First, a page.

Dear Doug: While You Can, Do!

Creators Syndicate | 6/2/2014, 7:36 a.m.
Q: My husband has always been my shining knight. A couple of months after he retired, his doctor discovered he ...
Doug Mayberry


Q: My husband has always been my shining knight. A couple of months after he retired, his doctor discovered he had terminal cancer. The best prognosis he could offer was that he had about a year. My knight vocally expressed his anger over how unfair his life was being played out. He had worked hard, was a wonderful husband and father, saved money for our retirement, and believed we had earned our freedom from work. Two weeks after the doctor's news, he suddenly blurted out he was going to accept the doctor's opinion, and our goal was to make the next year our "BEST YEAR EVER!" We asked the kids over for dinner to share the news. We signed up for that cruise we had always dreamed about and chose to invite our family along. It proved to be a winner. My husband wanted to go back to Iowa and see his family. We did. He was always frustrated because he could never usefully grow beefsteak tomatoes. He did. He said he wanted a live-in golf partner. I was nominated and won the election. I took lessons and became his partner. The bottom result was that we were actually given 15 months to achieve our best year ever. We did! I continue to live our dream year. Why were we so fortunate?

A: Luck did not have as much to do with it as you and your husband's commitment did. You made it as a team. By loving each other, having faith, choosing a positive attitude, enjoying family support, accomplishing your bucket list, and knowing you could accomplish it, you enabled yourselves to delay his doctor's prognosis.

Learning we are on a deadline often enables us to rise above what we believe we can do.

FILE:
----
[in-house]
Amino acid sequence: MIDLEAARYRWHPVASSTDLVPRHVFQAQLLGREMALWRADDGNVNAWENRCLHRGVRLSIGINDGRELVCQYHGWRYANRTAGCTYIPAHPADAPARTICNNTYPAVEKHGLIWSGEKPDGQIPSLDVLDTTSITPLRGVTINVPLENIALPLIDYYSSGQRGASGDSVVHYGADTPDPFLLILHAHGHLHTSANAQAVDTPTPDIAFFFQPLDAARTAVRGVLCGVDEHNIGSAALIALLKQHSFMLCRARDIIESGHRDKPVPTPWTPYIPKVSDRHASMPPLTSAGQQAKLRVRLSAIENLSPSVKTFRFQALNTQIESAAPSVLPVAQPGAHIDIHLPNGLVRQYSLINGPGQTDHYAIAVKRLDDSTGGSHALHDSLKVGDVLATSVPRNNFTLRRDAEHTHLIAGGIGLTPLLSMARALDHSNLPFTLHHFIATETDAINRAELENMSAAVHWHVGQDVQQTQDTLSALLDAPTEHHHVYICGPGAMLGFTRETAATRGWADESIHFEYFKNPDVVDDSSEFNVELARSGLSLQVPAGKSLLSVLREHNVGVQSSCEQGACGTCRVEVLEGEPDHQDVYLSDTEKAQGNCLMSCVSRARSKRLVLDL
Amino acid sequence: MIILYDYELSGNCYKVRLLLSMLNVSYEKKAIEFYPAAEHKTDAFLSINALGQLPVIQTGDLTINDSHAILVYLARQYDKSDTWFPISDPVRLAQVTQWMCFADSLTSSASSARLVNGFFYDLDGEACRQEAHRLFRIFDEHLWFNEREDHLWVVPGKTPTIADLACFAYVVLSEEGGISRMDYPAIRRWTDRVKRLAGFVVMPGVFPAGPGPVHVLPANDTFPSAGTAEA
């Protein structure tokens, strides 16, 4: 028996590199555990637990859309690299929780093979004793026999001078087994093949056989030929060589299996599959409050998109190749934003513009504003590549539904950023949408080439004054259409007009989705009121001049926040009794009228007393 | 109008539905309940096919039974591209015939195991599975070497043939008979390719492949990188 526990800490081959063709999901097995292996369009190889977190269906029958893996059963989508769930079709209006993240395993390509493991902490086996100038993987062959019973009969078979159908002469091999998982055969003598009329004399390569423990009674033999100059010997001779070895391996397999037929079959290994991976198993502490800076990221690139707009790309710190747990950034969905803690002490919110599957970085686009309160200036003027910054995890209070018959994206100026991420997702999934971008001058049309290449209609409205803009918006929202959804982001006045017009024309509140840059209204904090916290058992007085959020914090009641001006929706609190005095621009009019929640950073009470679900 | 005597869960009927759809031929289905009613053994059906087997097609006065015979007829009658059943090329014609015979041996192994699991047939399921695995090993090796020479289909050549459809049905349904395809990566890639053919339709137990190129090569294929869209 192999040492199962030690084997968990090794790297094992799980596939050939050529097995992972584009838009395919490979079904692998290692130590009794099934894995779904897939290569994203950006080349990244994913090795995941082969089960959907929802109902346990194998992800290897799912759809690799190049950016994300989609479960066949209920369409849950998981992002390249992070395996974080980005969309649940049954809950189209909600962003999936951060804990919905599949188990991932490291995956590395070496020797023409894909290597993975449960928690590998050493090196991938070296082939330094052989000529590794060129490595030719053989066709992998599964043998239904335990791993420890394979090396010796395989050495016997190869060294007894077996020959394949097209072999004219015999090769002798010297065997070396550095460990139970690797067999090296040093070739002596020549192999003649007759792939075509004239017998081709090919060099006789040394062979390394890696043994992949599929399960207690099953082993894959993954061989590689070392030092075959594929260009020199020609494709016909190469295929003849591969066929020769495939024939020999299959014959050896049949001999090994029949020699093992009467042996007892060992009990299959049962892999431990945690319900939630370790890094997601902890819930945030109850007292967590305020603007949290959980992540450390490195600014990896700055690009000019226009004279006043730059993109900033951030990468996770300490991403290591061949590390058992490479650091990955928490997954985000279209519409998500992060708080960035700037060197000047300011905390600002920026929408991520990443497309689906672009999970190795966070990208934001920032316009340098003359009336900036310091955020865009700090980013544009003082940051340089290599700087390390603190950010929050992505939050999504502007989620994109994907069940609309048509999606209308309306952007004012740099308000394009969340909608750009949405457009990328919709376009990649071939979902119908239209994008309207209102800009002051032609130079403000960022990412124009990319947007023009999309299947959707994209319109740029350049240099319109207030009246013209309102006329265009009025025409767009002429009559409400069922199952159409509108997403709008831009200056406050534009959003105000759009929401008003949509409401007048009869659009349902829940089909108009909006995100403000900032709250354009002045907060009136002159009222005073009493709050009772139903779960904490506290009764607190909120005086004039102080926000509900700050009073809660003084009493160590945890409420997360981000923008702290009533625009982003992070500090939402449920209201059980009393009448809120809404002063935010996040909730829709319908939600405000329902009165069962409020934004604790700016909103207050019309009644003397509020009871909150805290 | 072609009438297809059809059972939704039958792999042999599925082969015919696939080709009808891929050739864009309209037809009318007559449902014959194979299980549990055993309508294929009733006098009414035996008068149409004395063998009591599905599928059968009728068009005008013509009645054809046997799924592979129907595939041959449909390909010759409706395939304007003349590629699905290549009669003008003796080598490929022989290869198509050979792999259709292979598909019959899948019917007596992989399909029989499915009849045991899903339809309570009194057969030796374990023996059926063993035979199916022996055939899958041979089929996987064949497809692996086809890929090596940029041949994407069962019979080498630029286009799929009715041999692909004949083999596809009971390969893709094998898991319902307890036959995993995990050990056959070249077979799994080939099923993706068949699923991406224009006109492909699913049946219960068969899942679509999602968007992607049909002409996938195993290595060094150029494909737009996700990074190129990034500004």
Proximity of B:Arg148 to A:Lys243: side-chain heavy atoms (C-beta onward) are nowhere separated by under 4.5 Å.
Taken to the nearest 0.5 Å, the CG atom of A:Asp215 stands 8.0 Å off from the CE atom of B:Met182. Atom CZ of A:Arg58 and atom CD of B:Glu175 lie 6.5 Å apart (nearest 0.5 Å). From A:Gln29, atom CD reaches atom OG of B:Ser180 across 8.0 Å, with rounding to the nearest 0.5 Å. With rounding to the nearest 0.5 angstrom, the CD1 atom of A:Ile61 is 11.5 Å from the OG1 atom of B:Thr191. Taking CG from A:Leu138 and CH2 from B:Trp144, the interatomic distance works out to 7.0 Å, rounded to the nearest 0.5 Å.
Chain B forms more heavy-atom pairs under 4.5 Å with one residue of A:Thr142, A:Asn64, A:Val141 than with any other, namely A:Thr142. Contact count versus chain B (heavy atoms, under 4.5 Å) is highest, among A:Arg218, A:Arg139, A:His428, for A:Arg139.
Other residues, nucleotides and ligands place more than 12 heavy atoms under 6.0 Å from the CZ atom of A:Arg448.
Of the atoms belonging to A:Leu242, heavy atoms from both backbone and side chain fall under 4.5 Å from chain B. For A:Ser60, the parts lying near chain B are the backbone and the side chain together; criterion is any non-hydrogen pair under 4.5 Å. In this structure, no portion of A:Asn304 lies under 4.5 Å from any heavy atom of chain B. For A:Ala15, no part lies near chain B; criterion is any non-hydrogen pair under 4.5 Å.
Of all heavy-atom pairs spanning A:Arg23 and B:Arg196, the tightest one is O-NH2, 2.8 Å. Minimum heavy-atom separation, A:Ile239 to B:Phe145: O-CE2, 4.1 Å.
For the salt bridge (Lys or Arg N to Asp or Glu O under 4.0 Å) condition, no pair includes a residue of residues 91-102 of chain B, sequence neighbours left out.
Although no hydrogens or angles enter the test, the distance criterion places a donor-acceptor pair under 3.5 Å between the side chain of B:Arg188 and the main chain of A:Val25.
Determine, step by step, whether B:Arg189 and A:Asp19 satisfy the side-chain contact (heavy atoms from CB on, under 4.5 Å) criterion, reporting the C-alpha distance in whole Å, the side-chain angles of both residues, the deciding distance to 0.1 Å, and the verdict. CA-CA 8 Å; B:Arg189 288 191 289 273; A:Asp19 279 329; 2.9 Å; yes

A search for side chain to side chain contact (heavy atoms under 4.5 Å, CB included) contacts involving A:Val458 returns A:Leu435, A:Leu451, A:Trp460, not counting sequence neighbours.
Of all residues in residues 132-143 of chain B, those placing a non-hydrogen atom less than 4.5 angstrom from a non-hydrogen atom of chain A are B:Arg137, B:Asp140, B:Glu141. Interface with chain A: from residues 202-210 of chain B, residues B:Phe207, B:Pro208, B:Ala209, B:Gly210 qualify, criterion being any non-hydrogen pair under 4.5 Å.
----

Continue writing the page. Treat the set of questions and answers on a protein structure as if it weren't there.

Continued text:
Thanks for sharing your experience. Encouraging others to love, cope, choose a can-do attitude, and care for others is proof of what we can accomplish when called upon!

Q: Noise, noise and more noise! Unfortunately, not being able to hear can isolate and discourages social contact with our family and peers. Even when we purchase expensive hearing aids, battle making manual adjustments and replacing miniature batteries, have annual checkups, and pay for replacements in the event of loss, aids do not compare to what we came with. Sometimes sales representatives overpromise us about the benefits.

Every person who needs a hearing aid is unique. Specific needs should be analyzed by experts who are knowledgeable and take a personal interest in what you require. Costs range from several hundreds to thousands of dollars. Digital aids are now the standard and are being touted as so.

Manufacturers spend unbelievable advertising dollars to convince you their aids are better than their competitor's. Talk to people at senior centers and your neighbors to learn their experiences. For example, in my case, I learned I only needed one aid, because the other ear was adequate. However, I bought two!

In aging, hearing does not improve. Finding the right supplier requires homework. Be patient and you will find one!

Doug Mayberry makes the most of life in a Southern California Retirement community. Contact him at To find out more about Doug Mayberry and read features by other Creators Syndicate writers and cartoonists visit the Creators Syndicate website at